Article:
The drawn on face also has the appearance of graffiti, so it could be said that the act of giving the statue a face is in fact defacing the statue. The word deface literally means to remove the face (as occurred with the vandalisation of statues in the past), so the fact that the act of adding a face to a statue can be interpreted as defacing the statue is ironic.
The Oppressor Impaled by the Oppressed. June 2015. Hammer, nails, plank.
A sculptural piece consisting of a hammer nailed to a plank of wood.
Part of the concept behind the work is that the hammer is being empaled by the objects that it normally hits.
This is partly a metaphor for oppression and rebellion, and it’s also a study in irony.
How did the nails come to be impaling the hammer? Were the nails hammered into place by another hammer? In this case the nails are not the downtrodden oppressed rising up to overthrow their oppressor using their own power, but are more like the followers of another power (another hammer) that may turn out to be as oppressive as the hammer that’s been overthrown.
Other versions of this piece have the hammer on a horizontal surface, such as on the top of a plinth. Other versions use different numbers of nails. The vertical version shown here is in some ways more disturbing than the horizontal ones, as the vertical format gives more of an impression of the hammer being violently empaled rather than simply nailed down. It is also disturbingly suggestive of a crucifixion in Christian iconography.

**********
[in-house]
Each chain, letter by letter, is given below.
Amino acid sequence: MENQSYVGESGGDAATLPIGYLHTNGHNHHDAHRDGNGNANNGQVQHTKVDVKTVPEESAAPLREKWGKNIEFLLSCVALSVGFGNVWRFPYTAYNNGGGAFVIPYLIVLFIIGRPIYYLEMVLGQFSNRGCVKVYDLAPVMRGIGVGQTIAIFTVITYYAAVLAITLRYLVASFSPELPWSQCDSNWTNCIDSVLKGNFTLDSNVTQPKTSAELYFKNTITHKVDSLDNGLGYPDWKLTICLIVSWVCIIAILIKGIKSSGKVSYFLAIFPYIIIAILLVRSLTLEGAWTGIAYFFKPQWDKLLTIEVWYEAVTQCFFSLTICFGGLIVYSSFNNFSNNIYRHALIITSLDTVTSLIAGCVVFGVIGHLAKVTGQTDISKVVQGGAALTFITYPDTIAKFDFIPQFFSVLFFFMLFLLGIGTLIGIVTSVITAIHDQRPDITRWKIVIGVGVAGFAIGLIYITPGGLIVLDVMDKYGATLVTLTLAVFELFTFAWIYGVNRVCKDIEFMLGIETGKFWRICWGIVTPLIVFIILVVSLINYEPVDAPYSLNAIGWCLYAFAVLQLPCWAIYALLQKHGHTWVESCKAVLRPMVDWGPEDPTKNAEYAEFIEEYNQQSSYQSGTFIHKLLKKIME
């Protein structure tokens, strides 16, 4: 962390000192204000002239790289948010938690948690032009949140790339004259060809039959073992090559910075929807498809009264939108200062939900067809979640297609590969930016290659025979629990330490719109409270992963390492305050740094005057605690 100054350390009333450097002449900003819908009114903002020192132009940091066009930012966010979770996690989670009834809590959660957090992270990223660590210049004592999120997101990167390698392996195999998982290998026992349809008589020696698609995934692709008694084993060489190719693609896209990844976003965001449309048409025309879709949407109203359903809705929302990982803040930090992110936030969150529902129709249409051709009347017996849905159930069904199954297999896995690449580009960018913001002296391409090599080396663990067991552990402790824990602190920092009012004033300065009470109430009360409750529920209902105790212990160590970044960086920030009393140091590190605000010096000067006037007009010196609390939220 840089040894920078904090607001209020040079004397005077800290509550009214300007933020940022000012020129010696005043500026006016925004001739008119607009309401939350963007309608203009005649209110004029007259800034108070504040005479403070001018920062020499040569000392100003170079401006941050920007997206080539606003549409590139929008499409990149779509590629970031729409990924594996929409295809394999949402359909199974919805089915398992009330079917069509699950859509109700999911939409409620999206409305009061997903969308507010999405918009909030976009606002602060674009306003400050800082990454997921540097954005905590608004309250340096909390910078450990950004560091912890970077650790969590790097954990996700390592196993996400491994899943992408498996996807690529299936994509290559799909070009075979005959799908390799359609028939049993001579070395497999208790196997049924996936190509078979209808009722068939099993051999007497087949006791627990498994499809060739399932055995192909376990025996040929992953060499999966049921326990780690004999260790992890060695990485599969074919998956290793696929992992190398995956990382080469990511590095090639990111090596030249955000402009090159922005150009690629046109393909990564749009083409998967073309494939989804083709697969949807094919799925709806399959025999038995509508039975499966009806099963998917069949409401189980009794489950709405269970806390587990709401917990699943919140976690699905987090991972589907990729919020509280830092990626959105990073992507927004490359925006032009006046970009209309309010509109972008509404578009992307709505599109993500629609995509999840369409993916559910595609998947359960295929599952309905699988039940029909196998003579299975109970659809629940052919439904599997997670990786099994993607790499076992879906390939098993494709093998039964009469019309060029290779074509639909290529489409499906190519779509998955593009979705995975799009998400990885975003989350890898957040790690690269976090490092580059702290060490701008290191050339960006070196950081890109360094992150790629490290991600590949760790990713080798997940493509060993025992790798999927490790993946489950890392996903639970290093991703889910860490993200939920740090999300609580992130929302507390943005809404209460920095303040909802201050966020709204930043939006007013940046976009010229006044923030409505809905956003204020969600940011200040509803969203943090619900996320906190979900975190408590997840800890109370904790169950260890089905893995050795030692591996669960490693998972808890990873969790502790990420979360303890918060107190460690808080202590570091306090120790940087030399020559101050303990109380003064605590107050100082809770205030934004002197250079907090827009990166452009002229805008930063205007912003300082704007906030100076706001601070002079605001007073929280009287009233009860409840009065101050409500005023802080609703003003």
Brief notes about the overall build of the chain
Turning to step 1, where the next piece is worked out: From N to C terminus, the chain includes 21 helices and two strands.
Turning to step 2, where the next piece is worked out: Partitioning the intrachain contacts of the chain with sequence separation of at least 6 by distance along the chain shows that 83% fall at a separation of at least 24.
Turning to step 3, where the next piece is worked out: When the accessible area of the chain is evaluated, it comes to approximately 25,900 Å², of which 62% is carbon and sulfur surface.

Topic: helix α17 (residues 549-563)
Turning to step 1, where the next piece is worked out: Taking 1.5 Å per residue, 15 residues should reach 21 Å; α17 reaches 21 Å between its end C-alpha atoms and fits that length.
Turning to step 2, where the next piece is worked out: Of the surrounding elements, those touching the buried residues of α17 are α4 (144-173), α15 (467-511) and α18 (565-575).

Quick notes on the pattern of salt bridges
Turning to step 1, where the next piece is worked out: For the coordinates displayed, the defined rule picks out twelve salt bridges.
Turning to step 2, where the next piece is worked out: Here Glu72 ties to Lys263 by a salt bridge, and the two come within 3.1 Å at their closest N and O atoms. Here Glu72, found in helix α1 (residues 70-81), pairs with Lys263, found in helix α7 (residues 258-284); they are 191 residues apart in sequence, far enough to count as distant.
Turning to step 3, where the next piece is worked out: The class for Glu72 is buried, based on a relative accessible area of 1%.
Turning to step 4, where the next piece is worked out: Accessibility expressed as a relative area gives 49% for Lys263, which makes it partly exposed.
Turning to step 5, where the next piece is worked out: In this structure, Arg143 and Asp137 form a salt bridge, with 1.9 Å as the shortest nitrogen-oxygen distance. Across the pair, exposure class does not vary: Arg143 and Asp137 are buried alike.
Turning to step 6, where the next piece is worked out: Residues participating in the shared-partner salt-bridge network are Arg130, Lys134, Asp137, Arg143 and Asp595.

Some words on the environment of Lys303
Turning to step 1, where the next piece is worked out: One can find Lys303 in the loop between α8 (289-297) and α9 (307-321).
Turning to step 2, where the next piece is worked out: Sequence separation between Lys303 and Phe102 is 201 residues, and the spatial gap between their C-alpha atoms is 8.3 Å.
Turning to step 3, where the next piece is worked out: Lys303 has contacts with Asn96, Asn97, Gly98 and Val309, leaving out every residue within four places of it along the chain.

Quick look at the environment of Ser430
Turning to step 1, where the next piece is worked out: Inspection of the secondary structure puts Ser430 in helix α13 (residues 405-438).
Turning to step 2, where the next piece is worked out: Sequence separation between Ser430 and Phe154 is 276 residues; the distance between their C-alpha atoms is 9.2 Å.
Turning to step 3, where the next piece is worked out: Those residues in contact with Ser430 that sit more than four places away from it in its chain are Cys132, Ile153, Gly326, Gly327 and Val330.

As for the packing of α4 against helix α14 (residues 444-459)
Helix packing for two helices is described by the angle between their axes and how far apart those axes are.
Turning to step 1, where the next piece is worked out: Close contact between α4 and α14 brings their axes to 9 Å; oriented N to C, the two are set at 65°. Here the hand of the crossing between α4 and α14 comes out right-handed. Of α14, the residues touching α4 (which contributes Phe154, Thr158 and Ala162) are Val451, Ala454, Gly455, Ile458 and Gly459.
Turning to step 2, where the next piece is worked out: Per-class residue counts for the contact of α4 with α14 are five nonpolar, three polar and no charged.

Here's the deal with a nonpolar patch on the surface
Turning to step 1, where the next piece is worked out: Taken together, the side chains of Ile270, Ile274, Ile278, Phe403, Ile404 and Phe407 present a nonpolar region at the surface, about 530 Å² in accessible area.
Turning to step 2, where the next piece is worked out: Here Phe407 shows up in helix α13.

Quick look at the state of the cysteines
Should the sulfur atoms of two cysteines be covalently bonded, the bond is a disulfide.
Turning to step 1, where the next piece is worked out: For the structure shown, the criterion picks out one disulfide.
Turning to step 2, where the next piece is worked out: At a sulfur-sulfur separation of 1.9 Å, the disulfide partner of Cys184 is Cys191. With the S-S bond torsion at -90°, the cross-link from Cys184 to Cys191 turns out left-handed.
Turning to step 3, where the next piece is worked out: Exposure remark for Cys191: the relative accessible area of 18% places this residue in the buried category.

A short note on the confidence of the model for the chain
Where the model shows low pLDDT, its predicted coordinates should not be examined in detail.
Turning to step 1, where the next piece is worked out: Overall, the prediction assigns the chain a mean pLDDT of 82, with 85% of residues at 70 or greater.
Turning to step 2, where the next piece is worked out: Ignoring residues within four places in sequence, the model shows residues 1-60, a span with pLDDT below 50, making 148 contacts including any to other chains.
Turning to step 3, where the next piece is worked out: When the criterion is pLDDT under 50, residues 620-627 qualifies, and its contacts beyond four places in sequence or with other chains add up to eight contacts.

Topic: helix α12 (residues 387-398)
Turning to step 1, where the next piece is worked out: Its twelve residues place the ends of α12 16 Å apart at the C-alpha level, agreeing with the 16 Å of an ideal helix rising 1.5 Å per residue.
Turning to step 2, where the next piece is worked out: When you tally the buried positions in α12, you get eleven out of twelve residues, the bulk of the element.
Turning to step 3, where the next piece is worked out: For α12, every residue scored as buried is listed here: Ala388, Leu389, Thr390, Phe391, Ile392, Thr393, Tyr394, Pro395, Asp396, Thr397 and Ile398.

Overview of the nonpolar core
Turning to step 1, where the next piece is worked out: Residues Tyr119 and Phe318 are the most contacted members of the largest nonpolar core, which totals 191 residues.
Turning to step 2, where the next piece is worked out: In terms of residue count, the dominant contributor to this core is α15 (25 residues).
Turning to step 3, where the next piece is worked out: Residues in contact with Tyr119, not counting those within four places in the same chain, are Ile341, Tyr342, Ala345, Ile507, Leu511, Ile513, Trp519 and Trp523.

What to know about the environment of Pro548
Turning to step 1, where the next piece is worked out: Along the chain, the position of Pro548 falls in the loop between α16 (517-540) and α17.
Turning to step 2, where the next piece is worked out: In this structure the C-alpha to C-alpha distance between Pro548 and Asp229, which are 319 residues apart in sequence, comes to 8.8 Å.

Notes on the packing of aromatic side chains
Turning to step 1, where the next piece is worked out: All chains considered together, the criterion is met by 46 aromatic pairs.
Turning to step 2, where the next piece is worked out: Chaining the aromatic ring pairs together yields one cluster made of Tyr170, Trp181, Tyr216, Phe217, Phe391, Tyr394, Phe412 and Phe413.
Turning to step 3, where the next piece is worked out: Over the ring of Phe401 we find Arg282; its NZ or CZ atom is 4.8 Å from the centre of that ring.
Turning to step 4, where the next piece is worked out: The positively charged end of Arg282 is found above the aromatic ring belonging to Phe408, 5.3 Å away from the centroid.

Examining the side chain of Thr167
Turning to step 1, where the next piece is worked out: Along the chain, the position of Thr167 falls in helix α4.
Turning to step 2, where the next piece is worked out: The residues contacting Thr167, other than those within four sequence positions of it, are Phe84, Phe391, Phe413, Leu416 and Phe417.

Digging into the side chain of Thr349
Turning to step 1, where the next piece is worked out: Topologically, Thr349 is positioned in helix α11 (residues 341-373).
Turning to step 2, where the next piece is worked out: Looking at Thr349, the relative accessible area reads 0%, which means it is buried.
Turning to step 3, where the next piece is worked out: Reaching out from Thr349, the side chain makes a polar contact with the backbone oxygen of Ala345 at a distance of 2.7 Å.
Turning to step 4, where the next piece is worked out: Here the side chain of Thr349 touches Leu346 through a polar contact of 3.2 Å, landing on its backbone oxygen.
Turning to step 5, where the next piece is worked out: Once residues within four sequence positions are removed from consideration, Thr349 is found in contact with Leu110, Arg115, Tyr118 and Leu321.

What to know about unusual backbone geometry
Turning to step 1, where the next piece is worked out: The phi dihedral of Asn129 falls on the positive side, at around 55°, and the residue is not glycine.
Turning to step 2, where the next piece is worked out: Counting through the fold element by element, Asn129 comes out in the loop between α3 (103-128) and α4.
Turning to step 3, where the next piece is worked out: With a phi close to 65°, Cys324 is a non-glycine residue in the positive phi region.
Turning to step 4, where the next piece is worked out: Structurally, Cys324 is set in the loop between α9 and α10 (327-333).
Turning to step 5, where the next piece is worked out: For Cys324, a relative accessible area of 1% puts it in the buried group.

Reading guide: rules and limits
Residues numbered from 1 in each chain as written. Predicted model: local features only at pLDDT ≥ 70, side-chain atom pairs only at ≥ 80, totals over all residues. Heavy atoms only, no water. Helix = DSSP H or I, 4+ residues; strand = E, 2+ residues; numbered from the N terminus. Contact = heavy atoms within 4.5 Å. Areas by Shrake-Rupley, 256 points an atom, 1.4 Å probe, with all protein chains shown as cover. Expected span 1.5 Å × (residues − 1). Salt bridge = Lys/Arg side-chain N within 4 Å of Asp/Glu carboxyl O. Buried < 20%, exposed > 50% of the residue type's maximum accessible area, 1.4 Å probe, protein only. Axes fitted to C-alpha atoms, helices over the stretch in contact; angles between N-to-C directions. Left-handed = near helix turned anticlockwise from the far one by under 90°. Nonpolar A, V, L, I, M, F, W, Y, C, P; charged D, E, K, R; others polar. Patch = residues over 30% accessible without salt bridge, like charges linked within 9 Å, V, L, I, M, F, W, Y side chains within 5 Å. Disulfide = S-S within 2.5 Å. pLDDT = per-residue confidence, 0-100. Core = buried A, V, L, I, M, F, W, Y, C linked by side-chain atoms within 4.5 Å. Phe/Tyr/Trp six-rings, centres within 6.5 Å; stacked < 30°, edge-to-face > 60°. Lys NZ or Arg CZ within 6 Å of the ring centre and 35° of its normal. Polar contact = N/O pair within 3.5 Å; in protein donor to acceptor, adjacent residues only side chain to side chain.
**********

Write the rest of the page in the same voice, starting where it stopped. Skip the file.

28 Disks (detail): Abstract moving image: February 2015
An abstract moving image work from a series in which multiple copies of a single shape move and interact using simple computer algorithms, creating complex shapes.
In this work 28 disks follow circular paths. Where even numbers of disks overlap they present white, while where odd numbers of disks overlap they present black.
To see higher resolution videos and more information about this series click here.
Photograph with digitally drawn additions. September 2013
A humorous image: a human body drawn onto a photograph of an orchid.
I like this image’s comic/sinister quality.
It’s a work that’s about the way that people interpret the world around them in anthropocentric terms.
The phenomenon of seeing faces where there aren’t any is called pareidolia. I suspect that the condition evolved because for our hunter gatherer ancestors it was very important to be able to see their enemy’s faces hiding in the undergrowth.
For a long time I’ve been interested in the way that the landscape is transformed by the effects of sunshine and shadows, and by the way that we often hardly notice the extent of the difference between the two (other than by a general feeling of pleasure when the sun brightens things up – here in cloudy Britain anyway). The scene filmed here in the grounds of Hatfield House, Hertfordshire, hopefully captures some of the transformational effect of sun and shadow as the sun emerges from behind a cloud (and then goes in again).